Ad Impressions for Japanese Cars Speed Past US, European Automakers’

November 27, 2007

This article is included in these additional categories:

Analytics, Automated & MarTech | Automotive | Radio | Television

US automakers had a hard time keeping up with their Japanese counterparts in reaching US consumers via TV and radio advertising, according to (pdf) the results of research from Integrated Media Measurement Inc. (IMMI).
The carmakers whose ads reached the most American buyers in late summer were Honda, Toyota, and Nissan; among the ads not reaching Americans were those of Cadillac, Buick, and GMC, IMMI said.


(Note: 100 represents the average index number for all manufacturers; the amount each number falls above or below 100 is the percentage above or below the industry average that manufacturer placed.)

Japanese auto manufacturers reached on average 22% more audience than US automakers and 27% more than European manufacturers, the report found.


The study was based on the number of times car ads were seen by consumers in New York, Houston, Denver, Chicago, Los Angeles and Miami – on television and radio -during August-October 2007.

  • The automaker with the greatest number of overall net impressions on both radio and television was Honda, which garnered 28% more reach than the average of all the other automakers in the aggregate.
  • Mazda had the most television net impressions at 37% above the average and BMW was an overwhelming leader in radio with 239% more impressions than the average.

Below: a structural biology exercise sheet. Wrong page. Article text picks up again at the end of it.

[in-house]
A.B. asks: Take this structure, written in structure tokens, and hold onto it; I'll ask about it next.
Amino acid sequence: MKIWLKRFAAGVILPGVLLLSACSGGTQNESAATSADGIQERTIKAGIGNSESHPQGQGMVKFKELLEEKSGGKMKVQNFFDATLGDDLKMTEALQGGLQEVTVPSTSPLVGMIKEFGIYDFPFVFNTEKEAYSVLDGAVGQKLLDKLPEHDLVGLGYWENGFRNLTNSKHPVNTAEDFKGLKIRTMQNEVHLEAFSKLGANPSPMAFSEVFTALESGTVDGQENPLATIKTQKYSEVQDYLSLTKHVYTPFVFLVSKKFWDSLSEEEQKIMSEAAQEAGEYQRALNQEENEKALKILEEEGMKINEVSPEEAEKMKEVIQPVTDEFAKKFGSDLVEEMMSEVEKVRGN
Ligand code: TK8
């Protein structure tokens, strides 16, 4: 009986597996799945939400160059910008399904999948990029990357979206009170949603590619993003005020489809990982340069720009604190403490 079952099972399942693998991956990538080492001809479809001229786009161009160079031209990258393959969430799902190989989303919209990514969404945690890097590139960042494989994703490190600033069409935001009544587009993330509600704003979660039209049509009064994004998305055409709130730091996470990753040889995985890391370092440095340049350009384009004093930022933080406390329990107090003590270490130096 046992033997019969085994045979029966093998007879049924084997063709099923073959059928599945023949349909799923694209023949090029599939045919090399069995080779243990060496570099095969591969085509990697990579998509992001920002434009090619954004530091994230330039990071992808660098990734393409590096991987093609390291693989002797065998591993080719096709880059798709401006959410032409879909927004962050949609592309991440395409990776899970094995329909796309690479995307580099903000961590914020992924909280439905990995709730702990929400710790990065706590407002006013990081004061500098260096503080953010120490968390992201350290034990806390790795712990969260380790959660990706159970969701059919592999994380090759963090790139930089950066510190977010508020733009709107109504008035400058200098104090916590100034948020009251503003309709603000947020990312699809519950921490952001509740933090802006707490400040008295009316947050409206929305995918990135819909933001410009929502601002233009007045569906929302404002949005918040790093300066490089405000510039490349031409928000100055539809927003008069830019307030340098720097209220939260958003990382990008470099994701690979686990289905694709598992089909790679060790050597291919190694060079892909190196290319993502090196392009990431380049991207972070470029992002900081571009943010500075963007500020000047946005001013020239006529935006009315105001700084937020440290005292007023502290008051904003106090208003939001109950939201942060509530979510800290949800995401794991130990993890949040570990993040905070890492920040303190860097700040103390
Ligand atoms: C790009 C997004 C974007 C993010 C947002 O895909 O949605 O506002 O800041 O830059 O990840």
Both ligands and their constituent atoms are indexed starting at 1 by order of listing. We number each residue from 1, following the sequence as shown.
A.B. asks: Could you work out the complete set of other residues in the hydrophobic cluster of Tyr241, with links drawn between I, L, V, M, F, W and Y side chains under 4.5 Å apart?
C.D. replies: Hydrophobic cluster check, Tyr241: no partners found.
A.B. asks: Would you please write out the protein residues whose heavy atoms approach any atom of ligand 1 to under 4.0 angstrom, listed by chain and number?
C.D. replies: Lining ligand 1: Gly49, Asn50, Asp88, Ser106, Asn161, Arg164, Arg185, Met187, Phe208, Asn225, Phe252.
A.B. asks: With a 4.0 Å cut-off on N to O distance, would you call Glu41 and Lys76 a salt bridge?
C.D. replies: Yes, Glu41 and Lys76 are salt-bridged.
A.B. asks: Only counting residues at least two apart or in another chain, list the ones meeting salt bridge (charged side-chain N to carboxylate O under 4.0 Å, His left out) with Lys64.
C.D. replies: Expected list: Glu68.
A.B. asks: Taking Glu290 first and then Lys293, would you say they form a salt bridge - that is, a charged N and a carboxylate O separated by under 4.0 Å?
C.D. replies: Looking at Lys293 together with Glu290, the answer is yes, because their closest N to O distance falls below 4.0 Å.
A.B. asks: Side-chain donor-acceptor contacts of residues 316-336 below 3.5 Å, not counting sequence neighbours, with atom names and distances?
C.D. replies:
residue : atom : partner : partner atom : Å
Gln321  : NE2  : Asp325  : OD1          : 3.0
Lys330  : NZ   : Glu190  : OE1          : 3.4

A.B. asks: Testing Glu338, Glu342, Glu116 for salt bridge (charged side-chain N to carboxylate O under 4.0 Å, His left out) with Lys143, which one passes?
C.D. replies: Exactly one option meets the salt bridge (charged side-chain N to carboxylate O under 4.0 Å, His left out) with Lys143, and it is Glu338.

• When it came to effectively using a cross-platform strategy, Ford had the highest percentage increase in their overall unique audience when adding a second medium, in this instance radio.
  • Ford showed a 37% increase in their overall reach when the number of radio impressions was factored into their television numbers.

Following are the leading manufacturers in each medium:


(The numbers in the radio and television columns show the total percentage for each medium (e.g., Ford’s 214 in radio shows that Ford had 114% more reach that the study average; Honda’s 92 shows Honda had 8% less reach than the industry average). The change over television column shows the overall percentincrease in total reach when radio was added to the television numbers.)

“Looking at just radio, or just television, does not give advertisers a true sense of their campaign’s performance,” said Amanda Welsh, head of research for Integrated Media Measurement Inc.

“Rather than looking at isolated data, which will yield an incomplete picture, marketers need to implement a cross-platform measurement strategy to evaluate the effectiveness of campaigns that are on multiple platforms. In addition to providing a more accurate analysis, this will also give marketers insight on how to use their budgets more efficiently and exponentially increase their reach by exploiting the synergy between media platforms.”


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